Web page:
You're tying your shoes wrong

The scientific evidence is now clear: we all tie our shoelaces wrong.

America’s epidemic of untied shoes can be blamed in part on faulty shoe-tying technique, according to rigorous experiments in a newly published study. But there is also a more insidious culprit: The mere act of walking loosens even a beautifully knotted lace and quickly leads to the grim fate the study’s authors call “catastrophic knot failure.”

“What was remarkable to us was how fast it happened,” says study co-author Oliver O’Reilly of the University of California at Berkeley. In treadmill experiments, after several minutes with no apparent footwear malfunction, “it took two strides for the shoelace to untie. … It explains why when you’re walking along and everything seems completely fine, all of a sudden, boom!” – you’re tripping on your lace.

Through a series of experiments, the team worked out the undoing of a shoelace. The downward spiral begins with the foot’s repeated impact against the ground, which loosens the central knot. Meanwhile, the leg’s swinging causes the lace’s free ends to whip around and gradually slide out of the knot. Finally, one lace end slips free, resulting in “runaway knot failure,” the researchers write in this week’s Proceedings of the Royal Society A: Mathematical and Physical Sciences.

The researchers developed this scenario partly by watching the shoes of a runner on a treadmill. Then they rigged up a pendulum whose swinging arm hit a platform, re-creating the foot striking the ground. They tied shoelaces to the pendulum arm and weighted the laces to mimic the forces of the swinging leg. The results confirmed it takes both the foot impact and the lashing laces to unravel the knot.

The testing showed not all knots are equal. Shoelaces tied the conventional way, using the "bunny ears" technique taught to kids, failed every time they were tested at the maximum weight. The team labeled this the “weak knot.” But the so-called “strong knot” came apart in only half of the 15-minute lab trials at the maximum weight. (To make a strong knot, cross the left lace over the right and pull it through the resulting loop. Form both the right and the left lace ends into loops and wrap the bottom of the right loop around the bottom of the left.) The team did not look at double-knotting.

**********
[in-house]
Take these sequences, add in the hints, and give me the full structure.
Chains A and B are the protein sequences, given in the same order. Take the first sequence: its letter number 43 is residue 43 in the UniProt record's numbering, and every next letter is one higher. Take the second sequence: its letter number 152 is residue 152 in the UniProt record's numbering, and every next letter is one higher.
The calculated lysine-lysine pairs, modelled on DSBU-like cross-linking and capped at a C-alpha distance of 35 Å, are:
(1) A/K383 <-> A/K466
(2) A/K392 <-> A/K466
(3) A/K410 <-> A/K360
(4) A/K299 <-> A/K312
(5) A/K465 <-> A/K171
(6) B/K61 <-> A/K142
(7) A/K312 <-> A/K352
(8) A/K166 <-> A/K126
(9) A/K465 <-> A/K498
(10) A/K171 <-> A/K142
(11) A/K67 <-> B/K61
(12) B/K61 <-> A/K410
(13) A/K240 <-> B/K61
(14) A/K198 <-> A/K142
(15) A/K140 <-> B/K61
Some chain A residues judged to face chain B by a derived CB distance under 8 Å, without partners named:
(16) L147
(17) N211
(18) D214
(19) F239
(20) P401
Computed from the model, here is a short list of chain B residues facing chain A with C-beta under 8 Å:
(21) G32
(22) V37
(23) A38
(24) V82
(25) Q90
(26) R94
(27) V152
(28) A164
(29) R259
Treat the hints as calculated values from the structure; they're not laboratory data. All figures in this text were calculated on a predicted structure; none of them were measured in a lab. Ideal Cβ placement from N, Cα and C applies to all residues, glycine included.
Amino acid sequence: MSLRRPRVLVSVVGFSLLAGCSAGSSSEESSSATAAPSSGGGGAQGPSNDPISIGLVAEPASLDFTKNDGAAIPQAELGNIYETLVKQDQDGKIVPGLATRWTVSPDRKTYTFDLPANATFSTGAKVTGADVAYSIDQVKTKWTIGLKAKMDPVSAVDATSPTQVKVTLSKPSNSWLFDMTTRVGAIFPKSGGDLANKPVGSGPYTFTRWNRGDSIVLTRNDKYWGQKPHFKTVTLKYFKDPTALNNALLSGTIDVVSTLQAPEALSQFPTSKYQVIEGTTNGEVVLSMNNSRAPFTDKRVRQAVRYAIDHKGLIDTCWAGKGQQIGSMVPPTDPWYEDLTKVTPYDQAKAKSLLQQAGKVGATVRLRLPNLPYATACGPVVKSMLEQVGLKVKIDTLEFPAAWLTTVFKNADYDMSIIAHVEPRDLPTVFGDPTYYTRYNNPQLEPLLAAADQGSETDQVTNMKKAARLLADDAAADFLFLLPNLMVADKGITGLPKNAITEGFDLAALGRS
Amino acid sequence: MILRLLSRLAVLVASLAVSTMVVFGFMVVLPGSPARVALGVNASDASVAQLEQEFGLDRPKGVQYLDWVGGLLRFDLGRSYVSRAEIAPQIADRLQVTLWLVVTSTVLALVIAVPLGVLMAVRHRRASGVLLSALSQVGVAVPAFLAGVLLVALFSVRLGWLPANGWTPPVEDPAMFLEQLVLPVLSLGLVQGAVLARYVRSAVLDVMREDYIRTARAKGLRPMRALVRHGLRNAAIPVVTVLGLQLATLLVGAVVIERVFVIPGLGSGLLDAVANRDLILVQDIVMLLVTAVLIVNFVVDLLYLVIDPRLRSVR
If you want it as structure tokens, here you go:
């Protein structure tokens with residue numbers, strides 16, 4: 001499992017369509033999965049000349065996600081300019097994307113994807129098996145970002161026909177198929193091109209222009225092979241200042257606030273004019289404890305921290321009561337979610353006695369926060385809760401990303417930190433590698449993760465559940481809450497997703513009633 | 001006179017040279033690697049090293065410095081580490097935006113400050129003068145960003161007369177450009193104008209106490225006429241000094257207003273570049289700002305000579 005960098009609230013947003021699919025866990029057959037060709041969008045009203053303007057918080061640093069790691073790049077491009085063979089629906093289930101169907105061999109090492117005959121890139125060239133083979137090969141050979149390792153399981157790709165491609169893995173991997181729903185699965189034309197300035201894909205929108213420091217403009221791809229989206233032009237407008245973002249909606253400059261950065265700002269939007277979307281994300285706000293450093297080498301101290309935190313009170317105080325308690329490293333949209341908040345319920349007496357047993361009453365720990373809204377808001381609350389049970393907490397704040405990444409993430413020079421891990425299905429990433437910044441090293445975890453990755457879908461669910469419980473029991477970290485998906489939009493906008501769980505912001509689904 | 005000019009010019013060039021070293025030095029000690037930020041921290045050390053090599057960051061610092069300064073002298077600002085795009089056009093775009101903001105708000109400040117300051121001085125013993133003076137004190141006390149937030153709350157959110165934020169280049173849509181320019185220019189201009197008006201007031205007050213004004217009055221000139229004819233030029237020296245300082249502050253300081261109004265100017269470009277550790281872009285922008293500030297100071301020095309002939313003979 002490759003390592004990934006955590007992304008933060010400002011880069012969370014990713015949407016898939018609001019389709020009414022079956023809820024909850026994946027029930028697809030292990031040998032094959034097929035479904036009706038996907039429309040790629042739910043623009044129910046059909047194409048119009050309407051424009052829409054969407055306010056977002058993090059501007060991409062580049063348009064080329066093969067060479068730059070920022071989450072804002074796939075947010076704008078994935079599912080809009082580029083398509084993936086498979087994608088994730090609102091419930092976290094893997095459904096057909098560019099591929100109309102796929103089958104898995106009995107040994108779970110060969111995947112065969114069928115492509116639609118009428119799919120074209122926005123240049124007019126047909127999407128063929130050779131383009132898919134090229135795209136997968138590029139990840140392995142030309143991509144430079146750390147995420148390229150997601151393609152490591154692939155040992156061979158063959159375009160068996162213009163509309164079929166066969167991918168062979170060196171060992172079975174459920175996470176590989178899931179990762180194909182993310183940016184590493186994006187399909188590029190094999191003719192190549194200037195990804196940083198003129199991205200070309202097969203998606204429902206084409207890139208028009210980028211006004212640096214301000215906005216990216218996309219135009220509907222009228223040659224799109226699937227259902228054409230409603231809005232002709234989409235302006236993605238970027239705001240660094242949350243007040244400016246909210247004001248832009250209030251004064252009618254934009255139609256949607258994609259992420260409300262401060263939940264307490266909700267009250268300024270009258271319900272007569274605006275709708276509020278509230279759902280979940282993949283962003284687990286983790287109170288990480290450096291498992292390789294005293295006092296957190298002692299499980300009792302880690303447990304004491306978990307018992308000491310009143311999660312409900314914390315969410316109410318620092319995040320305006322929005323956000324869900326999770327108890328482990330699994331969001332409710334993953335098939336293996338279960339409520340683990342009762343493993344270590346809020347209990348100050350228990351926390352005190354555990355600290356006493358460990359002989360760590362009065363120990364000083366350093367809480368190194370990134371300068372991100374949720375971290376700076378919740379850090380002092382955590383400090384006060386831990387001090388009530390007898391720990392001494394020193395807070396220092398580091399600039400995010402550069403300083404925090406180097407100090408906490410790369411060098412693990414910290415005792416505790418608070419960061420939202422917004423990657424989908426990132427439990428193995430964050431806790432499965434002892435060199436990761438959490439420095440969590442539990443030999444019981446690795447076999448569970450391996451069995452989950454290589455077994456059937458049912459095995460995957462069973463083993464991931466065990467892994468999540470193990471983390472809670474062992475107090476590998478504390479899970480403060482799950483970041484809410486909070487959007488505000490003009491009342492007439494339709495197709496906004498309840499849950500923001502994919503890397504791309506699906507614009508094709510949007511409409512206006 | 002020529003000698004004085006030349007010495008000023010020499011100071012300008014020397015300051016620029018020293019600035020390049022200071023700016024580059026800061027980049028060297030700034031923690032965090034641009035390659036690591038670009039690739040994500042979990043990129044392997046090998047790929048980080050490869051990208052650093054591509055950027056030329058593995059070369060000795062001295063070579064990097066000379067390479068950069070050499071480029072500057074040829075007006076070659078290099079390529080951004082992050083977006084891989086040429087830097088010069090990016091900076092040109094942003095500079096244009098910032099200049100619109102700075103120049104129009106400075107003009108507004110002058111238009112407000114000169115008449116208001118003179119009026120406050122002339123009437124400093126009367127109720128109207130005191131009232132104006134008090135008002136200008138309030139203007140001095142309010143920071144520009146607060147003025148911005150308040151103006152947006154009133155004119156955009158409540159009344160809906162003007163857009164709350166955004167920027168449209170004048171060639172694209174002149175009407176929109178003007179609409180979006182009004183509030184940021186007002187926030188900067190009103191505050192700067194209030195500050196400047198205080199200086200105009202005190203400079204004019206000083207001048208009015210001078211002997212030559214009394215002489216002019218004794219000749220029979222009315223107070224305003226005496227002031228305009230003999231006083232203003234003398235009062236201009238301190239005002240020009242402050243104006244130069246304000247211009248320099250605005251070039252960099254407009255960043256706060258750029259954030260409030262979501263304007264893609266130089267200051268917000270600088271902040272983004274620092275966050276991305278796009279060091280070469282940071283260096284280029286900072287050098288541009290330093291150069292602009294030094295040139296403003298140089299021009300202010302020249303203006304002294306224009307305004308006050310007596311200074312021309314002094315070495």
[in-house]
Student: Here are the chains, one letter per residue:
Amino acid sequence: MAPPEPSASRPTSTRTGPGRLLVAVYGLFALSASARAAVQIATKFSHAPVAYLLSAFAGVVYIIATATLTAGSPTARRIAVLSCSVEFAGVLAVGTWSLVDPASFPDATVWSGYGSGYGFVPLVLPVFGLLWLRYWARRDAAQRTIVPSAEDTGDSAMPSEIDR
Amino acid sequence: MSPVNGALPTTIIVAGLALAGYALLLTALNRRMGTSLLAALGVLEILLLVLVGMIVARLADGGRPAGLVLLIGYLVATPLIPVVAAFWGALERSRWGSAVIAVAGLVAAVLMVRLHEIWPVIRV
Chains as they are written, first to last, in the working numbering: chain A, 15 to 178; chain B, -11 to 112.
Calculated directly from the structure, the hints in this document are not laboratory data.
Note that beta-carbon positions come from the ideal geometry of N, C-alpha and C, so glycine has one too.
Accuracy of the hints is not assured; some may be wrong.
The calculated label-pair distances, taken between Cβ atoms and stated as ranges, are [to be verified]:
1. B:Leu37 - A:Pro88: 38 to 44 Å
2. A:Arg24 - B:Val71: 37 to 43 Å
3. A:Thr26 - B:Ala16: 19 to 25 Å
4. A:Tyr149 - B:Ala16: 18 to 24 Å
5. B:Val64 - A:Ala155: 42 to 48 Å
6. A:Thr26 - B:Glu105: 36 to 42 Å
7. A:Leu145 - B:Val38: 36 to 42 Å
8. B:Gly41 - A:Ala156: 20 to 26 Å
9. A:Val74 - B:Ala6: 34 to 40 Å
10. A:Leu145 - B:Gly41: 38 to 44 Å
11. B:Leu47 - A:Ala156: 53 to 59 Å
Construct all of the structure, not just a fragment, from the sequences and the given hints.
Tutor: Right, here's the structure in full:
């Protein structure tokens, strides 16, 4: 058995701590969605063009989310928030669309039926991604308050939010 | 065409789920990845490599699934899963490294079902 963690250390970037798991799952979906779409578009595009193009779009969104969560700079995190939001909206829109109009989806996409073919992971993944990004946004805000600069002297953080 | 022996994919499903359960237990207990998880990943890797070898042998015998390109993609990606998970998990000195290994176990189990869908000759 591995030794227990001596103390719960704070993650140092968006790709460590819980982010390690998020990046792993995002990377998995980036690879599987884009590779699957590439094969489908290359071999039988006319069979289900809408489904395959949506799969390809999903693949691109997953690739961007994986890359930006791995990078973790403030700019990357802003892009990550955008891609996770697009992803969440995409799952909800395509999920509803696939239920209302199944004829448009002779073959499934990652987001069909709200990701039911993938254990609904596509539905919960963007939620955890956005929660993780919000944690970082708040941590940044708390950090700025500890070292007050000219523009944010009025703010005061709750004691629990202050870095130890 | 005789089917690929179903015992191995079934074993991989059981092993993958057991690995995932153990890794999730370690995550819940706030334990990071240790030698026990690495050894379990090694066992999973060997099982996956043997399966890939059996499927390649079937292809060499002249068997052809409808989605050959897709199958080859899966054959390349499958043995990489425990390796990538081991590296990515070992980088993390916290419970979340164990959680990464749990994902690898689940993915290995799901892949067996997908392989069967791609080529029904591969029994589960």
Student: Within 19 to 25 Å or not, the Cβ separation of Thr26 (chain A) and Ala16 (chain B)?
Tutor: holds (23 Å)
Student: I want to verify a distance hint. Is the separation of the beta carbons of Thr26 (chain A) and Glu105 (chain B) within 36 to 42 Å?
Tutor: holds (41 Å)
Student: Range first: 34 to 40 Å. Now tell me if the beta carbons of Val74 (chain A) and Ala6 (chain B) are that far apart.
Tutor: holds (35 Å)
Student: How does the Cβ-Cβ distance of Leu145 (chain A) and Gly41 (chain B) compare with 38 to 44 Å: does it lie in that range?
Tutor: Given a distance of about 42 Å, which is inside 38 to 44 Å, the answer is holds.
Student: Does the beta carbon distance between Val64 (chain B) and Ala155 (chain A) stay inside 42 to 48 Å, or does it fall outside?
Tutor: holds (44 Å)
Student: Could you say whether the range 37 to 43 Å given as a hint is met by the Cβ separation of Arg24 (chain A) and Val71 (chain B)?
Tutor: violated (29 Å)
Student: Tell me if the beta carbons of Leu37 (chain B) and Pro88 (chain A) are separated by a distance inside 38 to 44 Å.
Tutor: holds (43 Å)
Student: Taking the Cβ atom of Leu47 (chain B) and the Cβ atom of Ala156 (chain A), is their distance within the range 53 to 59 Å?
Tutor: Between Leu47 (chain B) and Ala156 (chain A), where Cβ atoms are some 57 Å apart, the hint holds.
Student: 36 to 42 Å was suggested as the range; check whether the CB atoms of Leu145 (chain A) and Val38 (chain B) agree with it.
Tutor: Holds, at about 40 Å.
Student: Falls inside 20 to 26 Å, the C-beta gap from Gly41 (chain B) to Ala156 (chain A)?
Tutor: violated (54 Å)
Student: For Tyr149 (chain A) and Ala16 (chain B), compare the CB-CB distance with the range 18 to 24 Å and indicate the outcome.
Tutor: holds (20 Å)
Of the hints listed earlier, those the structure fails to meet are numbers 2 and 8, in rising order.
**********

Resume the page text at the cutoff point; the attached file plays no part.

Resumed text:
The weak knot’s pathetic performance is no surprise to knot theorist Colin Adams of Williams College, who was not part of the study. The weak knot, he notes, is a version of the “granny knot,” made by crossing the left end of a piece of string over the right, pulling the left end through the resulting loop, and repeating. The researchers’ strong knot is a version of the “square knot,” made by crossing left over right as before but crossing right over left the second time.

The evidence for the granny knot’s inferiority has been mostly “anecdotal,” Adams says. The new study “is proving the fact that the granny knot is a loser and the square knot is the way to go.”

The results are not just good entertainment. “To this day we do not have a rigorous scientific understanding of the more complex types of knots,” says Khalid Jawed of Carnegie Mellon University, also not involved with the study. The new results, he says, provide “a strong first step” toward such an understanding.

The research may enrich science, but it may not revolutionize shoe tying. “It’s a little embarrassing,” says Berkeley’s Christopher Daily-Diamond, a study co-author who ran the hundreds of pendulum tests and says it’s been hard to undo old habits. “Even with all the work I’ve done with this … I still, most of the time, tie the weak knot.”



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